Using Celebrities and Advertising Campaigns to Enhance Learning of Critical Review and Experimental Design, within an Inquiry-Oriented Biomedical Curriculum

Kerry A. Dickson, Bruce W. Stephens

Abstract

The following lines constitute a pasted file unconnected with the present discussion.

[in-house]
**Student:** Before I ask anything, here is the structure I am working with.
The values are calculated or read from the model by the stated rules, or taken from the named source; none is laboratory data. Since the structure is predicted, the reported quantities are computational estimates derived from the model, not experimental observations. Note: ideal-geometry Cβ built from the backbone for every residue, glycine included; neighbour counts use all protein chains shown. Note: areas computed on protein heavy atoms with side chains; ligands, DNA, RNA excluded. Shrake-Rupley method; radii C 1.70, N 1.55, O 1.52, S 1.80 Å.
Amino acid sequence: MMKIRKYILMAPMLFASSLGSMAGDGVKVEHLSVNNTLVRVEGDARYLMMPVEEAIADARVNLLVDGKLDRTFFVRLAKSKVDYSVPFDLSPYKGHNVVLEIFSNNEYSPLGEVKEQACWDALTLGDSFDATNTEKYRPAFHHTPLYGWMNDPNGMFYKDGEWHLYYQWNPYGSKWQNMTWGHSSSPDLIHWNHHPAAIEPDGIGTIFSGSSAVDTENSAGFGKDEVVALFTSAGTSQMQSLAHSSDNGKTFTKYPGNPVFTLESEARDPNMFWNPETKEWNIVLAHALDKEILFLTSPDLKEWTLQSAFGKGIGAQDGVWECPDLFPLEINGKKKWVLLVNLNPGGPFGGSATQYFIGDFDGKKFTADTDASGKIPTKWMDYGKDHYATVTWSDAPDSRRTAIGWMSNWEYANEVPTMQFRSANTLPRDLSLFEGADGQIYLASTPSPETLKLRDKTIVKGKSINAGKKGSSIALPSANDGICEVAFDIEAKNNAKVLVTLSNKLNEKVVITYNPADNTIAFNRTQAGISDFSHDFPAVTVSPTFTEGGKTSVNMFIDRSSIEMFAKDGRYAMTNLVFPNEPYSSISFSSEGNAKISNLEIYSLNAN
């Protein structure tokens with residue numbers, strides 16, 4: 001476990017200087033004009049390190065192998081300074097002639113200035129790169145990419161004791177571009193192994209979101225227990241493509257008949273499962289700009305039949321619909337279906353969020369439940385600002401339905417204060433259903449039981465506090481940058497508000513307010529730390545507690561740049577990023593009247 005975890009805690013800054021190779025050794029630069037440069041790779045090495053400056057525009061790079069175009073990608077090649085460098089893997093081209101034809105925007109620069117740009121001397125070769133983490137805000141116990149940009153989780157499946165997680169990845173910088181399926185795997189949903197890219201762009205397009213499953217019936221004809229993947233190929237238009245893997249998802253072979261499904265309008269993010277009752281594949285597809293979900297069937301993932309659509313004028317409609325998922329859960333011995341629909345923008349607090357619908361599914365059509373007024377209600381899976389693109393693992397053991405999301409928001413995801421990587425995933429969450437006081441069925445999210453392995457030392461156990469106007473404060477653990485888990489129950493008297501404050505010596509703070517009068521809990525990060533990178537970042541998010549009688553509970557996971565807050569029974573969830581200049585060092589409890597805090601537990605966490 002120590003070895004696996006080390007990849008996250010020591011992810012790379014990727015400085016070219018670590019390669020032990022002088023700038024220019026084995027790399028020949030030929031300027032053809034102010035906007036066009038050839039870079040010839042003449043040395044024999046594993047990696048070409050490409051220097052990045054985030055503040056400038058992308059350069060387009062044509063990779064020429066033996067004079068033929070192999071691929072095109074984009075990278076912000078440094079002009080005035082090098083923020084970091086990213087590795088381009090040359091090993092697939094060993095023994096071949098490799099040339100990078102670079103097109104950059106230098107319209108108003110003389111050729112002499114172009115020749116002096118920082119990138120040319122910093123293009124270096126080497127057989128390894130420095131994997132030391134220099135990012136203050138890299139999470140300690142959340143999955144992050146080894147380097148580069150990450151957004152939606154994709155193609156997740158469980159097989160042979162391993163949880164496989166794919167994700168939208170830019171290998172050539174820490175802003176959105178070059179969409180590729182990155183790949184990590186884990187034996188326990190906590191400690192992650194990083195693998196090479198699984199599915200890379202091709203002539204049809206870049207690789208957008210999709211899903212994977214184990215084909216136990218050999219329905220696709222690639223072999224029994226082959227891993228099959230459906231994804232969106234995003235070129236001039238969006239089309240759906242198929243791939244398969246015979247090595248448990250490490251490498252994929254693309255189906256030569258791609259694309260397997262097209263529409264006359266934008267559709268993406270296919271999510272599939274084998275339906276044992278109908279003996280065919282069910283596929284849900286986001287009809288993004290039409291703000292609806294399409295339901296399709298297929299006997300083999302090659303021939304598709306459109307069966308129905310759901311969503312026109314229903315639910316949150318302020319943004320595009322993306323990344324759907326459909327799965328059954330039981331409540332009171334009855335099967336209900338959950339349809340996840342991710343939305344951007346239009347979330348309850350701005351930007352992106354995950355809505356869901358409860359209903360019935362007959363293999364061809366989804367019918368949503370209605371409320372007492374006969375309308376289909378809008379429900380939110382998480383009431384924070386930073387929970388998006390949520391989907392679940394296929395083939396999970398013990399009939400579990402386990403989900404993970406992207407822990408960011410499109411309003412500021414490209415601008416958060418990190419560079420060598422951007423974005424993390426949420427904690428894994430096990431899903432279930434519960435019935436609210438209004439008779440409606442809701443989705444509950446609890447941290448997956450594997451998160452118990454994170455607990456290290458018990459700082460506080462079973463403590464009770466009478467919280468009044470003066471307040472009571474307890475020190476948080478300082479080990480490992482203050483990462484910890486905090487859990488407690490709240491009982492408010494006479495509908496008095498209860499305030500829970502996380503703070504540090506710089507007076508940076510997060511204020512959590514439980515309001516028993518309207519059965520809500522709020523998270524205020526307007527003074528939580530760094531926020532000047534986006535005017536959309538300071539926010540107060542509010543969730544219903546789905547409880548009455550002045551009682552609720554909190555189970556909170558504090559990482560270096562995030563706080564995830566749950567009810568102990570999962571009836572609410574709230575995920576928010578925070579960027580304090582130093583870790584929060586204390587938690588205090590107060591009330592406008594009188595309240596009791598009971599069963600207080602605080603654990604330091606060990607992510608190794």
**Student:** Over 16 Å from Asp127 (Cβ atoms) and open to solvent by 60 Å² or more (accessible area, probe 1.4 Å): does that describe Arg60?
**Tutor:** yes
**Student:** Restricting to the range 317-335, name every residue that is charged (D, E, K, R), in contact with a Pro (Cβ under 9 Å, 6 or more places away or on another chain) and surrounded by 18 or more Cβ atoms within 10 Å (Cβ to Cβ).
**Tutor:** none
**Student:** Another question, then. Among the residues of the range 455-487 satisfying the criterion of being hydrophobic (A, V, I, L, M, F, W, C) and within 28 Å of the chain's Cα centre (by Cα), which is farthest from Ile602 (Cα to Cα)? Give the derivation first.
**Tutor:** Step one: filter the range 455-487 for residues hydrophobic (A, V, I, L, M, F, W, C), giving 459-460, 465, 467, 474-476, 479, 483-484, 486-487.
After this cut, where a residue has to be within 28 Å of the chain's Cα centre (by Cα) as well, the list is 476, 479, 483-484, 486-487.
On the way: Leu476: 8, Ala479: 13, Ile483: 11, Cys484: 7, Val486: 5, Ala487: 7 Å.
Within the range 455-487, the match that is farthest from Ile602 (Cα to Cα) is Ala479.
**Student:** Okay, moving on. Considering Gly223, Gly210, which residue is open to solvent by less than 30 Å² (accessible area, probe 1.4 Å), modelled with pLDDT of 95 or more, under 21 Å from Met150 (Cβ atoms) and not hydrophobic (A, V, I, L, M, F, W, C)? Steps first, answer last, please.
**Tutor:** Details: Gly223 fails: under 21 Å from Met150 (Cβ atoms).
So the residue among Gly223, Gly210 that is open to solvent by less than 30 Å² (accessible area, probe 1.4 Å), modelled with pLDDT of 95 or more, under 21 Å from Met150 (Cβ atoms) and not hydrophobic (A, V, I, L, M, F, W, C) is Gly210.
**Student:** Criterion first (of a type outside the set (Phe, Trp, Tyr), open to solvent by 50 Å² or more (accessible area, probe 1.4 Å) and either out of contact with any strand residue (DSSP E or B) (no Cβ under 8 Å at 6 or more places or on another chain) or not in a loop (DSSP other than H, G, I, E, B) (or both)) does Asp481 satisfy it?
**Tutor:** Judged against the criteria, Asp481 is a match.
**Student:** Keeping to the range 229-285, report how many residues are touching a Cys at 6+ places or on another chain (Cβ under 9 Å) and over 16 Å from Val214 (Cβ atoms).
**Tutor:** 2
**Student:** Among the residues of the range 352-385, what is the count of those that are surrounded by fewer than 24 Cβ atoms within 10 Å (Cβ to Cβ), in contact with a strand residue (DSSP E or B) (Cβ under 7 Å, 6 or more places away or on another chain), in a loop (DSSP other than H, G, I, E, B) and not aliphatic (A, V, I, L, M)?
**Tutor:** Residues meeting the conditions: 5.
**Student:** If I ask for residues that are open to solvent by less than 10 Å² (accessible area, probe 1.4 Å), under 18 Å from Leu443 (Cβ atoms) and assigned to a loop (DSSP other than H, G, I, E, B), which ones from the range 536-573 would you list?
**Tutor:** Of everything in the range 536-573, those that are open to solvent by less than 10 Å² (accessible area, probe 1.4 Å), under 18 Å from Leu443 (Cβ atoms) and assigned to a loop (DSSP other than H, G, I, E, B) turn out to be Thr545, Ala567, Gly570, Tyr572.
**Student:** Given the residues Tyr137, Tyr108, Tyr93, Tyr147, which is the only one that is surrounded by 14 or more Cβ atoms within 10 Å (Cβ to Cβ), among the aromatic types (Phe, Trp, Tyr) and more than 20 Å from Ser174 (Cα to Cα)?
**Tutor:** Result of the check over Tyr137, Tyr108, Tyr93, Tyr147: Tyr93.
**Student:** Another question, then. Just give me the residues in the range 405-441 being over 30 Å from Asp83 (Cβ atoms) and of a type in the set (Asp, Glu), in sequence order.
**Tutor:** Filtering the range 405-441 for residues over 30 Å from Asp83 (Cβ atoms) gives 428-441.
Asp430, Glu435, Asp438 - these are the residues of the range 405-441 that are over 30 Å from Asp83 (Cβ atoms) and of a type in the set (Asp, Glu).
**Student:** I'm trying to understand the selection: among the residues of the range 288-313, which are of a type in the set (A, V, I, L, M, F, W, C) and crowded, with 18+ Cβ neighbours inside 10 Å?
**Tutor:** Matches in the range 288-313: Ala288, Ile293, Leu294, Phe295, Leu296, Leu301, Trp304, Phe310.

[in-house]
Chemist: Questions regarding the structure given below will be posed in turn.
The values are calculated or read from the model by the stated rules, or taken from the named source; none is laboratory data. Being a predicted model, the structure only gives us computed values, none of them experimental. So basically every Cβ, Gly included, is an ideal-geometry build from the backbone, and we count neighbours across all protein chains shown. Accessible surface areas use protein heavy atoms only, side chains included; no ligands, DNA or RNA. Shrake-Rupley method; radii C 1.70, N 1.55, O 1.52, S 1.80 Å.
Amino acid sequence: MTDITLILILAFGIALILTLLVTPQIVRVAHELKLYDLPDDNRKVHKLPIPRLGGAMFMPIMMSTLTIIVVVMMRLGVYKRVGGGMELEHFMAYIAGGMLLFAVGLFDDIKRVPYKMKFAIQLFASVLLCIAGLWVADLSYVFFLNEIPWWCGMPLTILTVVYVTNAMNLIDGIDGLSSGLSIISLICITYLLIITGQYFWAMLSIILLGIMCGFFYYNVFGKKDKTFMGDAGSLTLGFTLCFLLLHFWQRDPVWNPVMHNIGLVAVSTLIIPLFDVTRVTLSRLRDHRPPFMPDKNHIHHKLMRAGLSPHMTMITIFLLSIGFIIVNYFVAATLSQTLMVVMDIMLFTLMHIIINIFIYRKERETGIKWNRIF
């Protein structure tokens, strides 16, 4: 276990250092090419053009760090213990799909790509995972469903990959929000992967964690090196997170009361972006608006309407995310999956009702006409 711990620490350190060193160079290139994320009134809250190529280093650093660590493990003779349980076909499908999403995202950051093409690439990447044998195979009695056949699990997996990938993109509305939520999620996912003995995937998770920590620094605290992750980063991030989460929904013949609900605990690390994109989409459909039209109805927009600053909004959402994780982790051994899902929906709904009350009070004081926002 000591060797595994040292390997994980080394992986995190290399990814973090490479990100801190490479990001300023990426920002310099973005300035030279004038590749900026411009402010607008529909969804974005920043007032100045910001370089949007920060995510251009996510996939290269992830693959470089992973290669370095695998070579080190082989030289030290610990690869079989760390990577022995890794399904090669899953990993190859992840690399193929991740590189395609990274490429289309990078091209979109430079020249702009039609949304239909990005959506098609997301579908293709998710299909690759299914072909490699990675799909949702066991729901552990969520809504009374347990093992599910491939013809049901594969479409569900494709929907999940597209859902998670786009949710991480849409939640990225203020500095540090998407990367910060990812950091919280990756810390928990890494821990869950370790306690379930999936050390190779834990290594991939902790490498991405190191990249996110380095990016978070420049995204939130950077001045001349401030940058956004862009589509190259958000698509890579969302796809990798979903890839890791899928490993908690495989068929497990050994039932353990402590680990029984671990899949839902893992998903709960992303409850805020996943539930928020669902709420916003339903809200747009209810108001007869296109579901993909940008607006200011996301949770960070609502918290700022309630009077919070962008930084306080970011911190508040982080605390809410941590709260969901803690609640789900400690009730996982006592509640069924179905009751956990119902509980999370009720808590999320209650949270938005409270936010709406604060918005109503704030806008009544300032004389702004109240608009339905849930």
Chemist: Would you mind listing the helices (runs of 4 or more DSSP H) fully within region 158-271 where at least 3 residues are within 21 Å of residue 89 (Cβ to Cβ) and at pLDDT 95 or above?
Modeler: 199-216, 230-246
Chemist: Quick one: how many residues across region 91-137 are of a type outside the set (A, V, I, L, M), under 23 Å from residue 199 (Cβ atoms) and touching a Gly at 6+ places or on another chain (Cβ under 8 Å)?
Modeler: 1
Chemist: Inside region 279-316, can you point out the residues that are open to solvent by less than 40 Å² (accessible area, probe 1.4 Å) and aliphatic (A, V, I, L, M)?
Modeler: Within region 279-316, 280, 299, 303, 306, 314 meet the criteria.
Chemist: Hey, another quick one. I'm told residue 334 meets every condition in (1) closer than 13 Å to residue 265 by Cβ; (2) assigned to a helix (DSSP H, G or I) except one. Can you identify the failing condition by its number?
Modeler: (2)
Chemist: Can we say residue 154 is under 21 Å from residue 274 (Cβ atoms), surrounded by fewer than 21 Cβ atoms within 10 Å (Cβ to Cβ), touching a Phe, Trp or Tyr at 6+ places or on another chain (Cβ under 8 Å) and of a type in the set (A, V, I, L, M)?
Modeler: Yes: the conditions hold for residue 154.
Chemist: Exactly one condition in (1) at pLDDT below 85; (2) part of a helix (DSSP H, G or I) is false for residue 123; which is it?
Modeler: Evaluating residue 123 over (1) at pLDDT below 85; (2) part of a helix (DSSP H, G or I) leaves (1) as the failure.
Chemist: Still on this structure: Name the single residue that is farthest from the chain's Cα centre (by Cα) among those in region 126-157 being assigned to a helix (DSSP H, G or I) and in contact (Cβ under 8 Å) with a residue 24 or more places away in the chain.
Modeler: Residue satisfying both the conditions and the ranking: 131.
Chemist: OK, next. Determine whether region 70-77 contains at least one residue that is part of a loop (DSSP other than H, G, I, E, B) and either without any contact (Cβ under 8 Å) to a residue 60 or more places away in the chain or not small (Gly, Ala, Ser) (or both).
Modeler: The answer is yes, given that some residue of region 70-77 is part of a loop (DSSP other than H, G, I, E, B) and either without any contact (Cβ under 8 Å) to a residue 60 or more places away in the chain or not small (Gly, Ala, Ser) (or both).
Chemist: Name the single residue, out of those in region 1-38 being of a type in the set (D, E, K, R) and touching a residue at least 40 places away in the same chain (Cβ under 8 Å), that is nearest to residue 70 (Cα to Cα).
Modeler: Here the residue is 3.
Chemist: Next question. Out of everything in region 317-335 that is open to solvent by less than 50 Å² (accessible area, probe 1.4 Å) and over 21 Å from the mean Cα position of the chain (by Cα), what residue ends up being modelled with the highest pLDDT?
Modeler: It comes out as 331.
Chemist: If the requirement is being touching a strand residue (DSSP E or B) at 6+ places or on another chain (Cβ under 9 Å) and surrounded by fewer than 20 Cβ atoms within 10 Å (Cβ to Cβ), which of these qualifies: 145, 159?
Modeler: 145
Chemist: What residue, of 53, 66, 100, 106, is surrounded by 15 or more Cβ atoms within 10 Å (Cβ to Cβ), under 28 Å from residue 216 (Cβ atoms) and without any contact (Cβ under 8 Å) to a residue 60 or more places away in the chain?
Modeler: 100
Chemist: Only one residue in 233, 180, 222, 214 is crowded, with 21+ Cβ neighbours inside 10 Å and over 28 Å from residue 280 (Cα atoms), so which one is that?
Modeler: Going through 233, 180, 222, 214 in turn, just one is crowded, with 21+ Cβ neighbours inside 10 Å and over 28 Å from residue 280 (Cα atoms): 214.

A challenge in learning to become a scientist is gaining skills in critical review and experimental design. Our aim was to measure the effectiveness of an inquiry-oriented learning (IOL) workshop which used popular culture and pseudoscience as stimuli for engagement. The workshop on critical review of scientific literature and best-practice experimental design consisted of a Socratic-seminar (i.e., collaborative, intellectual dialogue facilitated with open-ended questions) and a poster-defence. Students analysed the scientific publication which led Dr Oz (medical doctor and TV host) to falsely claim green coffee bean extract as a ‘miracle’ cure for obesity. Students also designed an experiment to test the effectiveness of an advertising campaign (e.g., Old Spice: ‘The Man Your Man Could Smell Like’) and presented their design in poster format. Students were assessed before and after the workshop. Post-test scores were higher than pre-test scores (51.8 ± 3.8% vs 38.2 ± 3.1%, n = 25, p < 0.0001) and were correlated (p < 0.001) with students’ assignment marks. Students agreed that the workshop developed their ability to critically review scientific literature (79%) and to design experiments (63%). Our findings suggest that an IOL workshop, using popular culture and pseudoscience, improves skills in critical review and experimental design.

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